Mobile phones 'affect the brain'

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Man using phone
Image caption,
Mobile phone use increased brain activity

A study by the National Institutes of Health in the US suggests that mobile phones could have an effect on the brain.

They reported higher sugar use in the brain, a sign of increased activity, after 50 minutes on the phone.

The research published in the Journal of the American Medical Association said the clinical significance was unknown.

Experts in the UK said there was no suggestion of a health risk.

Since the boom in mobile phone use, there has been considerable interest in the effect on the body.

The largest study on 420,000 mobile phone users in Denmark, has not shown a link between phone use and cancer.

This small study on 47 people investigated the effect of magnetic fields (RF-EMFs) coming from a phone's antenna.

It suggests that brain activity is affected, but cannot draw any conclusions about possible health implications.

Mobile phones were attached to both ears of each participant. One phone was off, the another was on but muted so the person could not tell the difference.

Their brains were then scanned to detect changes in glucose use, which increased by 7% in parts of the brain close to the antenna.

The researchers conclude that "the human brain is sensitive to the effects of RF-EMFs from acute cell phone exposures.

"However theses results proved no information as to their relevance regarding potential carcinogenic effects, or lack of such effects."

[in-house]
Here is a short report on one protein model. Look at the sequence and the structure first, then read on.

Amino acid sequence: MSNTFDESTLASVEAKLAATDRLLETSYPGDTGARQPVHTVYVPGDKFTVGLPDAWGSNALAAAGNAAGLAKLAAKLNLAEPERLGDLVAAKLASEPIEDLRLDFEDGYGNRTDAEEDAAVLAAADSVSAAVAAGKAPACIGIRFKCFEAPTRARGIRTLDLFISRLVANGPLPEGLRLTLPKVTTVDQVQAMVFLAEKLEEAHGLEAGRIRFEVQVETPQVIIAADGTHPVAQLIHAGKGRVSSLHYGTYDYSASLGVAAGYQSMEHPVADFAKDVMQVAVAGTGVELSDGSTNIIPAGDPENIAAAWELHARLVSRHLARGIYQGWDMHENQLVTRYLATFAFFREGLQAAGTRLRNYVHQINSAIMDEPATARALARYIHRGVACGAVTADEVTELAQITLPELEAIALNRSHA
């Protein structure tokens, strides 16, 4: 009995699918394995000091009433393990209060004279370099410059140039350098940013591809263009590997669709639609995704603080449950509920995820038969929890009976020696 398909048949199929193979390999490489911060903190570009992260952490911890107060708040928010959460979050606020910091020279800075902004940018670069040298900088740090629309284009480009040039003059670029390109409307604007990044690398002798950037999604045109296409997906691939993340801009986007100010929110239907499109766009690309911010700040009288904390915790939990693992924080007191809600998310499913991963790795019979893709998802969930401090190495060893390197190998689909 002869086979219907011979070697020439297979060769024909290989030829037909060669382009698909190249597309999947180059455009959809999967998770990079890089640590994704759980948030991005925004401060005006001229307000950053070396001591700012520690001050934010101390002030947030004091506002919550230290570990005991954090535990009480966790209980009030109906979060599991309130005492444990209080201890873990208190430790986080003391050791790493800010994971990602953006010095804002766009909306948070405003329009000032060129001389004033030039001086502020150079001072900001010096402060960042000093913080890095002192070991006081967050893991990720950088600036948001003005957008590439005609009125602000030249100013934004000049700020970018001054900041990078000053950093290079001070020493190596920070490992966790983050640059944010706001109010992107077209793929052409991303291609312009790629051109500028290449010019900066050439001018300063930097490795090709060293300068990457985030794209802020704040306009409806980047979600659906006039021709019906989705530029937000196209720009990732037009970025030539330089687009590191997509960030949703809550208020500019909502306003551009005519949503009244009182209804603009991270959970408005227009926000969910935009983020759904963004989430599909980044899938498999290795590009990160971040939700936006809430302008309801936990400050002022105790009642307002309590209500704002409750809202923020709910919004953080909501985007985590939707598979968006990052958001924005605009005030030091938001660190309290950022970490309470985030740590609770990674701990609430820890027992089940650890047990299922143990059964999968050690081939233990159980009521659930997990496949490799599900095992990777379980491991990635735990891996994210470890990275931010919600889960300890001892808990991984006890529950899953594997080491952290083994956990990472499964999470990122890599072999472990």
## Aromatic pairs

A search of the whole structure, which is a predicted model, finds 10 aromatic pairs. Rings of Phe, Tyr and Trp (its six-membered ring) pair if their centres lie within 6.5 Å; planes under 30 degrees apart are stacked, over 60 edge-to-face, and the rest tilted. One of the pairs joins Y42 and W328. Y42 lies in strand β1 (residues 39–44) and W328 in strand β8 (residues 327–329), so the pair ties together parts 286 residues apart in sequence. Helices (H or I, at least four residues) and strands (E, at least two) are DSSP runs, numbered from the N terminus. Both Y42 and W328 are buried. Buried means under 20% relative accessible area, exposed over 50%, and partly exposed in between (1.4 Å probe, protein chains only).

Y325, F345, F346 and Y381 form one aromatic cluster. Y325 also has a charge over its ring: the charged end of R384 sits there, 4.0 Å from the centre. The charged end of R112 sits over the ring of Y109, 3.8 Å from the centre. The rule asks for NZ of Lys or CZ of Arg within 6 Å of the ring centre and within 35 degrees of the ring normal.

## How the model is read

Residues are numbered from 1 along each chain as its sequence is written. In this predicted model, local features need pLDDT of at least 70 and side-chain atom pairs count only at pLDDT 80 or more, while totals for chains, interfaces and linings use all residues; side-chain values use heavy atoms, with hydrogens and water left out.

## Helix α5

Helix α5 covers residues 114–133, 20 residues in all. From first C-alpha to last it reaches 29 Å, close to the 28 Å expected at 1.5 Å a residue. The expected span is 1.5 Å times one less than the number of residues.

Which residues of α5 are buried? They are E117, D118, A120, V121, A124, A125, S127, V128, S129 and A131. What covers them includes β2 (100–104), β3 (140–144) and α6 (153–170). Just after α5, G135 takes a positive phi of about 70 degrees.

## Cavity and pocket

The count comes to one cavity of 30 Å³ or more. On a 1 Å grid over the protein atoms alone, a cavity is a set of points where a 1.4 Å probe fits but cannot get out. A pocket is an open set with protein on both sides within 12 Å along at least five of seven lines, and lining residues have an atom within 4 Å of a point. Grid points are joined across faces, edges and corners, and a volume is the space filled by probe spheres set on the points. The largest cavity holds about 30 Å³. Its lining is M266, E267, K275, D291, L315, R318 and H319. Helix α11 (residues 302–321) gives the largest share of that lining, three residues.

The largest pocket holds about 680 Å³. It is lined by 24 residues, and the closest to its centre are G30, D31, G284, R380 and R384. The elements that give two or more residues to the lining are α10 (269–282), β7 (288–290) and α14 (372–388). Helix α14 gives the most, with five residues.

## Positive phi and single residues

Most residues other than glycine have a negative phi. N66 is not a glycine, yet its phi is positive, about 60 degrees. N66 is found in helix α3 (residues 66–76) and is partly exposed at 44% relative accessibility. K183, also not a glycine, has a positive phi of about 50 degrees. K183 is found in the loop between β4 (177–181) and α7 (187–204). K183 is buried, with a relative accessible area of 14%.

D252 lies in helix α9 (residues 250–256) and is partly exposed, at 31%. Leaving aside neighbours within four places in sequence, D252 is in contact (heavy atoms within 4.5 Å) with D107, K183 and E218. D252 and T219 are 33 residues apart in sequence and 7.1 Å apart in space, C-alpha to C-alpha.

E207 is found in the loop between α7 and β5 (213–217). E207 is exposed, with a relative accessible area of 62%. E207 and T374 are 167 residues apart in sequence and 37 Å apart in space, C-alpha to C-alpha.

Professor Patrick Haggard, from the Institute of Cognitive Neuroscience at University College London, said: "This is a very interesting result, since it suggests a possible direct effect of mobile phone signals on brain function.

"The implications for health remain unclear. Much larger fluctuations in brain metabolic rate occur naturally, for example during thinking.

"However, if further studies confirm that mobile phone signals do have direct effects on brain metabolism, then it will be important to investigate whether such effects have implications for health."

Professor Malcolm Sperrin, director of Medical Physics and Clinical Engineering at Royal Berkshire Hospital, said: "This paper is particularly interesting in that it reports an increase in brain metabolism as a result of the use of mobile phones.

"More work is required to establish any possible link between RF energy deposition in the brain and a consequential health risk. It is reasonable to assume that the small increase in metabolism results from a deposition of energy, which may result in turn from local temperature changes or perhaps magnetic or electrical stimulation that does not involve heat at all.

"It is important to fully appreciate that no health risk is identified in this paper."

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